The Ayers Cover-Up Continues

It’s been widely reported that Barack Obama began his first political campaign, for the Illinois State Senate, at the home of his friends Bill Ayers and Bernardine Dohrn. Until recently, Obama has sought to downplay the relationship but has not denied that basic fact. It was therefore surprising when Obama, in the third Presidential debate, said it is “absolutely not true” that he “launched [his] political campaign in Mr. Ayers’ living room.” At the time, I assumed that maybe the gathering had been in Ayers’ kitchen.

It didn’t take long for Obama campaign auxiliaries like the Los Angeles Times to weigh in with the claim that there is “no recorded basis” for the statement that Ayers and Dohrn hosted Obama’s first campaign event. The invaluable Patterico responded with a link to an online account by Obama supporter Maria Warren dated January 27, 2005:

When I first met Barack Obama, he was giving a standard, innocuous little talk in the livingroom of those two legends-in-their-own-minds, Bill Ayers and Bernardine Dohrn. They were launching him-introducing him to the Hyde Park community as the best thing since sliced bread.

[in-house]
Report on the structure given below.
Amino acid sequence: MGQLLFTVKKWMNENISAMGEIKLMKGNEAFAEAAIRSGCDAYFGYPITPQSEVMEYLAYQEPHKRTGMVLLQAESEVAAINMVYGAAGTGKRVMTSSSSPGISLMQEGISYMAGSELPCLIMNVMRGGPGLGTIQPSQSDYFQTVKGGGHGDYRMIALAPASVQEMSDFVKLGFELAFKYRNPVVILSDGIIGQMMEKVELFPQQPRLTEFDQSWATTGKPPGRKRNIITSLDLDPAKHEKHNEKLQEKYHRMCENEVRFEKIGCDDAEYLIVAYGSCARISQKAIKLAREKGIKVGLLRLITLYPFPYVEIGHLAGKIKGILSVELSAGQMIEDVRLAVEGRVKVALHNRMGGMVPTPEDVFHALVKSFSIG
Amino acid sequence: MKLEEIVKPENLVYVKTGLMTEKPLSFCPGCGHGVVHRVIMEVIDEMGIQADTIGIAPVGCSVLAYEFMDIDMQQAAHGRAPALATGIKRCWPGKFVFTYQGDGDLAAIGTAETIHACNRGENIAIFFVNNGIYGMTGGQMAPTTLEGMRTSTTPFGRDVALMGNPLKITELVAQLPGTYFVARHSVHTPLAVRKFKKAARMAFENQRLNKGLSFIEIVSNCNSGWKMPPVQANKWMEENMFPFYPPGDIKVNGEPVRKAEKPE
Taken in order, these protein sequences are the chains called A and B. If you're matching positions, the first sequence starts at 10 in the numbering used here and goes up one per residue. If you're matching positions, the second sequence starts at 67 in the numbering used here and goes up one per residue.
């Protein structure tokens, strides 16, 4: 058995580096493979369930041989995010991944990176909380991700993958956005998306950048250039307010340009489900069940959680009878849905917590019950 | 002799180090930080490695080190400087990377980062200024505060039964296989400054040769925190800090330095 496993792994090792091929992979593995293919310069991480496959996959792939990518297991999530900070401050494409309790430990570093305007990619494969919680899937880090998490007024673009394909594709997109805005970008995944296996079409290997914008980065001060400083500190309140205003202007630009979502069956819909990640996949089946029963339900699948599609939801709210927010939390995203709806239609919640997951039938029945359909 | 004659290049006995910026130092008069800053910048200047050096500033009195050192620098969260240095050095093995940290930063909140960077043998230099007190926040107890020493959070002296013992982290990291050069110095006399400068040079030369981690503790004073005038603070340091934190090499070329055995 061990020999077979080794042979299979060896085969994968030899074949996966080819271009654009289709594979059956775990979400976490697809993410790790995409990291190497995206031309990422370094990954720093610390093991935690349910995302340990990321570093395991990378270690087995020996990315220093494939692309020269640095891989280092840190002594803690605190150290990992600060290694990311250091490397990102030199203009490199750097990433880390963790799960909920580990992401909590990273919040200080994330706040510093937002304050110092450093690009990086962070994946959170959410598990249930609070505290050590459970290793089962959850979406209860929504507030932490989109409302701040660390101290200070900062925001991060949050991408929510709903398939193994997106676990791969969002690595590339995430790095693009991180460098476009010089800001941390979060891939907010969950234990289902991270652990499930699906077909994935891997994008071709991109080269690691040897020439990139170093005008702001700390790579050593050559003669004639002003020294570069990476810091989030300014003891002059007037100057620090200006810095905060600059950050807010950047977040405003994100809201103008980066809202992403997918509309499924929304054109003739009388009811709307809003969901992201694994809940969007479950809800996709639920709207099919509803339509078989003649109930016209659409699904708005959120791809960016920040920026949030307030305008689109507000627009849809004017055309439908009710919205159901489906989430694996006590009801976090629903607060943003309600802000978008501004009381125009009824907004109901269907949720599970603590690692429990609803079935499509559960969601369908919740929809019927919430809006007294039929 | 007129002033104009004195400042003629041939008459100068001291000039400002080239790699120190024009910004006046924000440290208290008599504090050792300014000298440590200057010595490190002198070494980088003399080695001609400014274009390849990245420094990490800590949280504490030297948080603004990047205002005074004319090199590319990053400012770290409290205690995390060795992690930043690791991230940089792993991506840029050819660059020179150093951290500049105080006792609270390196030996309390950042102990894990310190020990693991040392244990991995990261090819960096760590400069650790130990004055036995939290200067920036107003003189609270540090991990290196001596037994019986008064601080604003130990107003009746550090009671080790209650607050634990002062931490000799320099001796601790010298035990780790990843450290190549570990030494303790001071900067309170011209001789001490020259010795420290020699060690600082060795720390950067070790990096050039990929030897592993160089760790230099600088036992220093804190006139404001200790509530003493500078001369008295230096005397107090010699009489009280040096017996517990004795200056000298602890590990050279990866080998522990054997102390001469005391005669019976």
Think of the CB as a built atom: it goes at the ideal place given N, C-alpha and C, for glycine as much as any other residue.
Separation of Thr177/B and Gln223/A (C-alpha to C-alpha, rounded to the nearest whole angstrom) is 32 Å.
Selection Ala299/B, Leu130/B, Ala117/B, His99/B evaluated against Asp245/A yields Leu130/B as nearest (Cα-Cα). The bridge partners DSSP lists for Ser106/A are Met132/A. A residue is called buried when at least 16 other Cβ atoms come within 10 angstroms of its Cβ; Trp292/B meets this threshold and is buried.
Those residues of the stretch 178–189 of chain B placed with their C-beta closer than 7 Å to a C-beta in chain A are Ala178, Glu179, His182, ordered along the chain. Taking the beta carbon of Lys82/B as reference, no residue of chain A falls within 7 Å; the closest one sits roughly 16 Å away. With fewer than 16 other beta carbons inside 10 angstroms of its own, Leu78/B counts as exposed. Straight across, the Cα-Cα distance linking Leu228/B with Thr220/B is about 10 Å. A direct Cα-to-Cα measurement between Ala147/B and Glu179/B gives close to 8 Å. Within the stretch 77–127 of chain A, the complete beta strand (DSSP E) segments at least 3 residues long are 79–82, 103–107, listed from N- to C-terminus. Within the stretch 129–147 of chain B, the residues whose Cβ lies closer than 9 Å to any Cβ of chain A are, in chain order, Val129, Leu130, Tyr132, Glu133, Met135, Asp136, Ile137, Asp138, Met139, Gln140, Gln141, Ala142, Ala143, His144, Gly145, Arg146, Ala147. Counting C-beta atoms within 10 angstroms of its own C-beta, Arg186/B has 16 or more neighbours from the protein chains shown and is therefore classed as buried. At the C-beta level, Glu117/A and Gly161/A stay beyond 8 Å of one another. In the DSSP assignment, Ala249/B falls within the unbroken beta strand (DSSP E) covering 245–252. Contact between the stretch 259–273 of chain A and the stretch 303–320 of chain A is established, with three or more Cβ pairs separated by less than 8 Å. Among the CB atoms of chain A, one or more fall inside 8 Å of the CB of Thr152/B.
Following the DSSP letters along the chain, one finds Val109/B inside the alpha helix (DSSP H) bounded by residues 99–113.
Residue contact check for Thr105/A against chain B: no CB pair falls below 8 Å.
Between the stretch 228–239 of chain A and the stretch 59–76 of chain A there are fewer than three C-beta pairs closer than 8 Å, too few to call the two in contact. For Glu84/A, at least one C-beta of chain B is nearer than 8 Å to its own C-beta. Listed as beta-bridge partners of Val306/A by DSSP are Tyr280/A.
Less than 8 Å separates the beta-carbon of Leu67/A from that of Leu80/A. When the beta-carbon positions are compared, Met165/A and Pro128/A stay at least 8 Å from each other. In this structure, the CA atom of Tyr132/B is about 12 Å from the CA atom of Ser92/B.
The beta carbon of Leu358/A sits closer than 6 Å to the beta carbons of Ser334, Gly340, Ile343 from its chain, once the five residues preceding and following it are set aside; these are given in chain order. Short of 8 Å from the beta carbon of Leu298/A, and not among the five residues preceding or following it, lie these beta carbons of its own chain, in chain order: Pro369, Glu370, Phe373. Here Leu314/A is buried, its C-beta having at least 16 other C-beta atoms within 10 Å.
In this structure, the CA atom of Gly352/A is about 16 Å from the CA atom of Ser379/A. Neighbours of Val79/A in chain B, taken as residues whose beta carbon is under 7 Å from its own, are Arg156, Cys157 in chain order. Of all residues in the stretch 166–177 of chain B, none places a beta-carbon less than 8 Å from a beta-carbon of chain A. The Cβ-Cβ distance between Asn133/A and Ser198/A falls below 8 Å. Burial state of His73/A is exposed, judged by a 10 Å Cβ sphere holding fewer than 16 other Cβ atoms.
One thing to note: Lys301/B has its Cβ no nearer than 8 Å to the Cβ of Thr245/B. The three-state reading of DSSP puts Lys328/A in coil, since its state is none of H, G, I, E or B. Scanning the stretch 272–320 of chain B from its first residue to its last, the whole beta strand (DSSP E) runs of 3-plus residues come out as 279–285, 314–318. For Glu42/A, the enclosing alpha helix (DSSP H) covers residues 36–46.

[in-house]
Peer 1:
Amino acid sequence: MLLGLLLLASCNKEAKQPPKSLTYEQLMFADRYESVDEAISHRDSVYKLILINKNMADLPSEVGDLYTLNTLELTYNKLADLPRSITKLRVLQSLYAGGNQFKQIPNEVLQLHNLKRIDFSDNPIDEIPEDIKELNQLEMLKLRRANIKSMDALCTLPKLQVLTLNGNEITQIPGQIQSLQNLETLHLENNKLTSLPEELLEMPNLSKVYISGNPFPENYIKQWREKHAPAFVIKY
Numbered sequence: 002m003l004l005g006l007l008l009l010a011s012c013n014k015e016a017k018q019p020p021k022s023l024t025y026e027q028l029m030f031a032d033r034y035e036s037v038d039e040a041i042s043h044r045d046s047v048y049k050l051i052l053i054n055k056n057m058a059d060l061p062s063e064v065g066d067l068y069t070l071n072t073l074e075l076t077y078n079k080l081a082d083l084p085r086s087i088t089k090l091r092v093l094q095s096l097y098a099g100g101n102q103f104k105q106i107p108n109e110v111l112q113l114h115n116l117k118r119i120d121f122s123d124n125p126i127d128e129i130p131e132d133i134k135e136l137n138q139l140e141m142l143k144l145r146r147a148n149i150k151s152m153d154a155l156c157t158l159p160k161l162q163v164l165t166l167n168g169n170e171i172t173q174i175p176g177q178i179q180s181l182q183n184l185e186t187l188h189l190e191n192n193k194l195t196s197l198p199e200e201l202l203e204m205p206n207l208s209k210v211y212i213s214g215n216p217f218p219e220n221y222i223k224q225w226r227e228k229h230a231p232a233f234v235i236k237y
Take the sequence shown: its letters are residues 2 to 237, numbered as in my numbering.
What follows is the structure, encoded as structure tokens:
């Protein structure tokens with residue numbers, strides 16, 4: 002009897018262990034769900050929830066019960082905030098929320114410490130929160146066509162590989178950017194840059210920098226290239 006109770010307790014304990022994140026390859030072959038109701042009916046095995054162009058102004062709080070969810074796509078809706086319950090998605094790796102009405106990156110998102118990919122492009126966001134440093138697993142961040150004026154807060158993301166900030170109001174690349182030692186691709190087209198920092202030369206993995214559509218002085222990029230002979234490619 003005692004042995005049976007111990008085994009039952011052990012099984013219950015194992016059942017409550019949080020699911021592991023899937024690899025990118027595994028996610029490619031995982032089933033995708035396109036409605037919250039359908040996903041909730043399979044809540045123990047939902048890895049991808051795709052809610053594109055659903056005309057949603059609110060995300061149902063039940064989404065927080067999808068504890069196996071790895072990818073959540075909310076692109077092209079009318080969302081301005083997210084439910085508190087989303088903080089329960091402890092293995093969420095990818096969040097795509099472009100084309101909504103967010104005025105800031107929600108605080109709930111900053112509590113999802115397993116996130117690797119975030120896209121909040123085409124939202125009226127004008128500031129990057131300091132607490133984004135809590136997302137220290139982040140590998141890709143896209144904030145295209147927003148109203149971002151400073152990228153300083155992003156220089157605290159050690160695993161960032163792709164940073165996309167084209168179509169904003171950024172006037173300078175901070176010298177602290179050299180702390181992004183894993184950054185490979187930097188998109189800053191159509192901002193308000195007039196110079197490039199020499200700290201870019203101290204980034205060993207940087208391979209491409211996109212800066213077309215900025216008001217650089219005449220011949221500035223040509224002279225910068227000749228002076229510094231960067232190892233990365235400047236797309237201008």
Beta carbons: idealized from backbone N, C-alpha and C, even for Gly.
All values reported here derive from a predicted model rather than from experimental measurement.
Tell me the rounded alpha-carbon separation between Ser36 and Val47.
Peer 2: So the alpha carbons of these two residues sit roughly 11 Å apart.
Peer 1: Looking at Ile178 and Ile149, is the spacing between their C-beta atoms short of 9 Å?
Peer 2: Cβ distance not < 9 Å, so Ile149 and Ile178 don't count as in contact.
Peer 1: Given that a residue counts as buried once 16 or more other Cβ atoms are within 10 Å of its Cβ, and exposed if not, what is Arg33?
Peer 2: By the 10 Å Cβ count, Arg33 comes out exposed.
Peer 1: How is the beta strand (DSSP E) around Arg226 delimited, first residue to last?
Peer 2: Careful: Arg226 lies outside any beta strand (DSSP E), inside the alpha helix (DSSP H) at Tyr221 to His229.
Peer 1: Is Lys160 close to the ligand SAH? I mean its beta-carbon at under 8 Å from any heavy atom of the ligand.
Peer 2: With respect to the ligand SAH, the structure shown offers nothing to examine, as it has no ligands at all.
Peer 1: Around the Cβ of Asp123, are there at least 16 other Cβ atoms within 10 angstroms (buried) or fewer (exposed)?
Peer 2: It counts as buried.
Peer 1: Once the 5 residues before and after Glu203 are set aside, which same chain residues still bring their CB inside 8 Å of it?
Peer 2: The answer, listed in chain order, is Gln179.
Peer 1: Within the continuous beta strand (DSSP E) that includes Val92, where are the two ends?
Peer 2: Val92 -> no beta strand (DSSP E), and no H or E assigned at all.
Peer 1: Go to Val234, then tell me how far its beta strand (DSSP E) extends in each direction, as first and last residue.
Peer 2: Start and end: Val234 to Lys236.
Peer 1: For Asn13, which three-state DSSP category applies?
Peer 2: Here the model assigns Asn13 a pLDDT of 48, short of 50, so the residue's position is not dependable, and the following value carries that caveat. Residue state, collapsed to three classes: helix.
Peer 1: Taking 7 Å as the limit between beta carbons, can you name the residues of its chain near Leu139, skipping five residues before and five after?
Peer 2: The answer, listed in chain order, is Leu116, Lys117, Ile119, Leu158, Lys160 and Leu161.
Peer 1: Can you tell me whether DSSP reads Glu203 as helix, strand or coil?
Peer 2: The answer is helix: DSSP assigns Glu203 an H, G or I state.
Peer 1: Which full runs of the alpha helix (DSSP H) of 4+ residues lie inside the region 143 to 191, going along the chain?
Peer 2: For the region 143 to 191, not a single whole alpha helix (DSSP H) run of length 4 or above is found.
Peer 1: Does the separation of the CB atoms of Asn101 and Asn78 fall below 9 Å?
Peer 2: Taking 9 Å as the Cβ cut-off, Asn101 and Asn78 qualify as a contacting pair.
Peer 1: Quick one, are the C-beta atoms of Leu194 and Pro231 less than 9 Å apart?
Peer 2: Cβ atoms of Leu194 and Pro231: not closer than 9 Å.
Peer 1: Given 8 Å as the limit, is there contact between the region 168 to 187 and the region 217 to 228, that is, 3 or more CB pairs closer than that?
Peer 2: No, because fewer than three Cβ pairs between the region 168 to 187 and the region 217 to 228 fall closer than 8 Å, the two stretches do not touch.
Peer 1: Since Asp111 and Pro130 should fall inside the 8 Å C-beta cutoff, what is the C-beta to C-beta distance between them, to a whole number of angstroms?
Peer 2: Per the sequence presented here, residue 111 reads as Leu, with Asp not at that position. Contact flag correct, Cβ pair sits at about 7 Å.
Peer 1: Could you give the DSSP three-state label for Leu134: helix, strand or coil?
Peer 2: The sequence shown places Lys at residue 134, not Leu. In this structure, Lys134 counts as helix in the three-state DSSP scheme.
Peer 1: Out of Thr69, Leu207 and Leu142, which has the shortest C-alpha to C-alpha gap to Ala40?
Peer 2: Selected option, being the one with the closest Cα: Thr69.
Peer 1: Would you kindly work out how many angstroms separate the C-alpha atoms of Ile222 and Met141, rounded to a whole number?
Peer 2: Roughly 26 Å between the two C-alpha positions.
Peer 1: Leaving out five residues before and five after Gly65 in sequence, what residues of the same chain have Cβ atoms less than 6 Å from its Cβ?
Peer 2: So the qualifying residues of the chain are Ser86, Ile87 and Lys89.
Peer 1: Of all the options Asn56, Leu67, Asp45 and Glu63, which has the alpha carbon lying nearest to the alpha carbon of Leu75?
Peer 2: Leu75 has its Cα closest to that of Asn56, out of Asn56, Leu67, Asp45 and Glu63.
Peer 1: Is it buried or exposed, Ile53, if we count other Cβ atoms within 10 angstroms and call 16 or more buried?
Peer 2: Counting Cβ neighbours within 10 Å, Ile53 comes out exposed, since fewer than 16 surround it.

Now, Patterico reports that the above blog post has been deleted. However, it’s still on the Wayback Machine, and Patterico, anticipating the cover-up, preserved a screen shot.

One wonders whether there is any dishonesty that Barack Obama and his supporters will not countenance. Obama makes a statement in the debate that is either an outright falsehood, or at best, deeply misleading. (It is possible, I suppose, that Ayers and Dohrn hosted Obama’s second campaign event rather than his first.) The press, rather than calling Obama on his misrepresentation, backs him up. Finally, an effort is made to cover up for Obama by destroying evidence that he lied.

Barack Obama is obviously a candidate who believes that the end–his election–justifies any means, no matter how dishonest. He is not the first Presidential candidate to harbor such a conviction. There was a time, though, when newspaper reporters thought it was part of their job to keep such candidates honest, rather than enabling their deceit.

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